CTENO64 is Required for Coordinated Paddling of Ciliary Comb Plate in Ctenophores
34 Pages Posted: 15 Apr 2019 Sneak Peek Status: Under ReviewMore...
Motile cilia are oscillating nanomachinery that are essential for cell locomotion and the generation of extracellular fluid flow. They typically comprise an axoneme with a 9+2 microtubule structure with dynein arms on each microtubule doublet that generate force by sliding between adjacent microtubules. These structures are efficient for motility and have therefore been conserved in cellular-level aquatic microflow throughout eukaryotic evolution. Diversity in the ciliary structures is seen in the basic microtubule arrangements but also in the bundling of multiple cilia, such as compound cilia. Studies on the structural diversity of cilia shed light on the mechanisms underlying ciliary formation and the biological adaptation to different aquatic environments. Ctenophores (comb jellies) have eight rows of iridescent comb plates that facilitate locomotion. A comb plate consists of tens of thousands of cilia to form a “puddle-like” ciliary plate with lengths of up to 1 mm. It exhibits structural color by light diffraction and is reported to have properties similar to photonic crystals. Here we identified a protein specific to the construction of comb plates (CTENO64). This protein is specifically present in ctenophore species and is localized on the compartmenting lamella (CL), which is the structure connecting adjacent cilia on the comb plates. Knockdown of the CTENO64 gene caused loss or misformation of CLs, resulting in aberrant waveforms in the comb plates. Our findings provide the initial characterization of a protein involved in the bundling of cilia into giant compound ciliary comb plates.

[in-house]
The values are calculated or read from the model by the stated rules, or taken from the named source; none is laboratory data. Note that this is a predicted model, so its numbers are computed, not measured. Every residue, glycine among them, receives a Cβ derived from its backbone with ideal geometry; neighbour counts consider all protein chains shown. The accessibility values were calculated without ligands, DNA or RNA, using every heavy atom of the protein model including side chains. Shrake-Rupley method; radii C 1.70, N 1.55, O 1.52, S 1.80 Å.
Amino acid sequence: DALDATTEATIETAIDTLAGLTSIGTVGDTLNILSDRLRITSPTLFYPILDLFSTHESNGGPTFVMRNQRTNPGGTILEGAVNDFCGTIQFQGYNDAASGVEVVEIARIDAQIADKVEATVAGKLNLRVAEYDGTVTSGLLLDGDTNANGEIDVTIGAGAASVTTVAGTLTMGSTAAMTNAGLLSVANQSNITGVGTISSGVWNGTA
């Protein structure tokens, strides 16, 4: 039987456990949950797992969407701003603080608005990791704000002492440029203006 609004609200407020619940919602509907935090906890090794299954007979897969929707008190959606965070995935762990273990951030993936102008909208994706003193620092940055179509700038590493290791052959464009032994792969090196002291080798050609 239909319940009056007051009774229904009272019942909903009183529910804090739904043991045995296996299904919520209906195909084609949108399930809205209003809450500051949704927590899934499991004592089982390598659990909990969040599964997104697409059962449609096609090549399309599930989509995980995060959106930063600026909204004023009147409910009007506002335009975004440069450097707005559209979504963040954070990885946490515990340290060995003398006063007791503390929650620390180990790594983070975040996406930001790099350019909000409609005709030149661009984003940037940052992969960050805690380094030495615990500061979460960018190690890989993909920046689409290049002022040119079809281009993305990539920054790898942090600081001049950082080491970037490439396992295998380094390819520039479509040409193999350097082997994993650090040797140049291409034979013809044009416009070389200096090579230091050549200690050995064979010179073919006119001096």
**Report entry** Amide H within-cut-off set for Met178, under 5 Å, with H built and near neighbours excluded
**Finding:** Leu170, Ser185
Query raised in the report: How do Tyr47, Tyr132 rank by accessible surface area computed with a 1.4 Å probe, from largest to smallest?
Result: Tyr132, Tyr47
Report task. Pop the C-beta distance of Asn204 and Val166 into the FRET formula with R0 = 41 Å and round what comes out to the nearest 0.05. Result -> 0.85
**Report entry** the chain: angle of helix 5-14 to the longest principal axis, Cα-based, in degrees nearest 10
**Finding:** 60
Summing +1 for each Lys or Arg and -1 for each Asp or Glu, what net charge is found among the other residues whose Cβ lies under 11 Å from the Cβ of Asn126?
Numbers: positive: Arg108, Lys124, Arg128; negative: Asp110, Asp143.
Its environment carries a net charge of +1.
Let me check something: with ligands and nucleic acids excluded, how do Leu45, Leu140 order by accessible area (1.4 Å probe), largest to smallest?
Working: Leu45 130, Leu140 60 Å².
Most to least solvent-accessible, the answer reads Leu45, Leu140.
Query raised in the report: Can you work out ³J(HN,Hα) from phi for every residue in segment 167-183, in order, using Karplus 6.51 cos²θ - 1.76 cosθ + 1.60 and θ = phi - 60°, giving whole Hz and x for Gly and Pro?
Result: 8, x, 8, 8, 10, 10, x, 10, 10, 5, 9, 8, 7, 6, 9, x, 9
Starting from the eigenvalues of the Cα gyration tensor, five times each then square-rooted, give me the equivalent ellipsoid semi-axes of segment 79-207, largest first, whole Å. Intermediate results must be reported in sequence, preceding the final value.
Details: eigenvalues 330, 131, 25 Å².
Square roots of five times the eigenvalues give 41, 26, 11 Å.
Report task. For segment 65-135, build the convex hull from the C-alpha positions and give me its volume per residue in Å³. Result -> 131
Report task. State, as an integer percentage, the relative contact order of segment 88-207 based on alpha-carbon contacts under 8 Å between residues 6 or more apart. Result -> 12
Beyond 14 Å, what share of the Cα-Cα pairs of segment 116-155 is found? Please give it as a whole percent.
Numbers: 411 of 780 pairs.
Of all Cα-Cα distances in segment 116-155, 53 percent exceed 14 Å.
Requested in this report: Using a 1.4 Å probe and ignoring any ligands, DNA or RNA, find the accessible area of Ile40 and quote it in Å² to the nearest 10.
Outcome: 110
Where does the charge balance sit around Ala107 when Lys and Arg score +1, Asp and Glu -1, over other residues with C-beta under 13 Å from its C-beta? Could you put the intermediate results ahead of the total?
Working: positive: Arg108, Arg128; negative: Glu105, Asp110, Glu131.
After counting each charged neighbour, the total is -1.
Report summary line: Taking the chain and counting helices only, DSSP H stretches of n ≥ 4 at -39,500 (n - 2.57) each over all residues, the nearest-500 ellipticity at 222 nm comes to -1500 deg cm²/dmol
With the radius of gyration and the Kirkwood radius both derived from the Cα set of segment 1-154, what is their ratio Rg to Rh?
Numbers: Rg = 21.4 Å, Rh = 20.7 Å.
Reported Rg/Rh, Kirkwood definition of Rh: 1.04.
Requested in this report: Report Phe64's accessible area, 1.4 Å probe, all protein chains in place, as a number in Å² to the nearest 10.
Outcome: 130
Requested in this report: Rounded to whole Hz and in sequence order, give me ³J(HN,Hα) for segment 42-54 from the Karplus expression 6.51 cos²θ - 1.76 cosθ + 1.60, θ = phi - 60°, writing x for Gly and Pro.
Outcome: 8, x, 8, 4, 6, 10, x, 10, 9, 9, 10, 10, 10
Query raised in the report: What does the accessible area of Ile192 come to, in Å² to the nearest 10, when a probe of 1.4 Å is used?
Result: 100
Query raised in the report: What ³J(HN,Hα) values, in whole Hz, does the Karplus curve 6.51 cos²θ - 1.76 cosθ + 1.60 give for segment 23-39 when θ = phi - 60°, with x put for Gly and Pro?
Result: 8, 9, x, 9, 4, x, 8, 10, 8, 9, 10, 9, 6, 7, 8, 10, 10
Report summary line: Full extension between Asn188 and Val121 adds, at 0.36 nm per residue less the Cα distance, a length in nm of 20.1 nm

Keywords: comb jelly, ctenophore, compound cilia, plankton locomotion, dynein, axoneme
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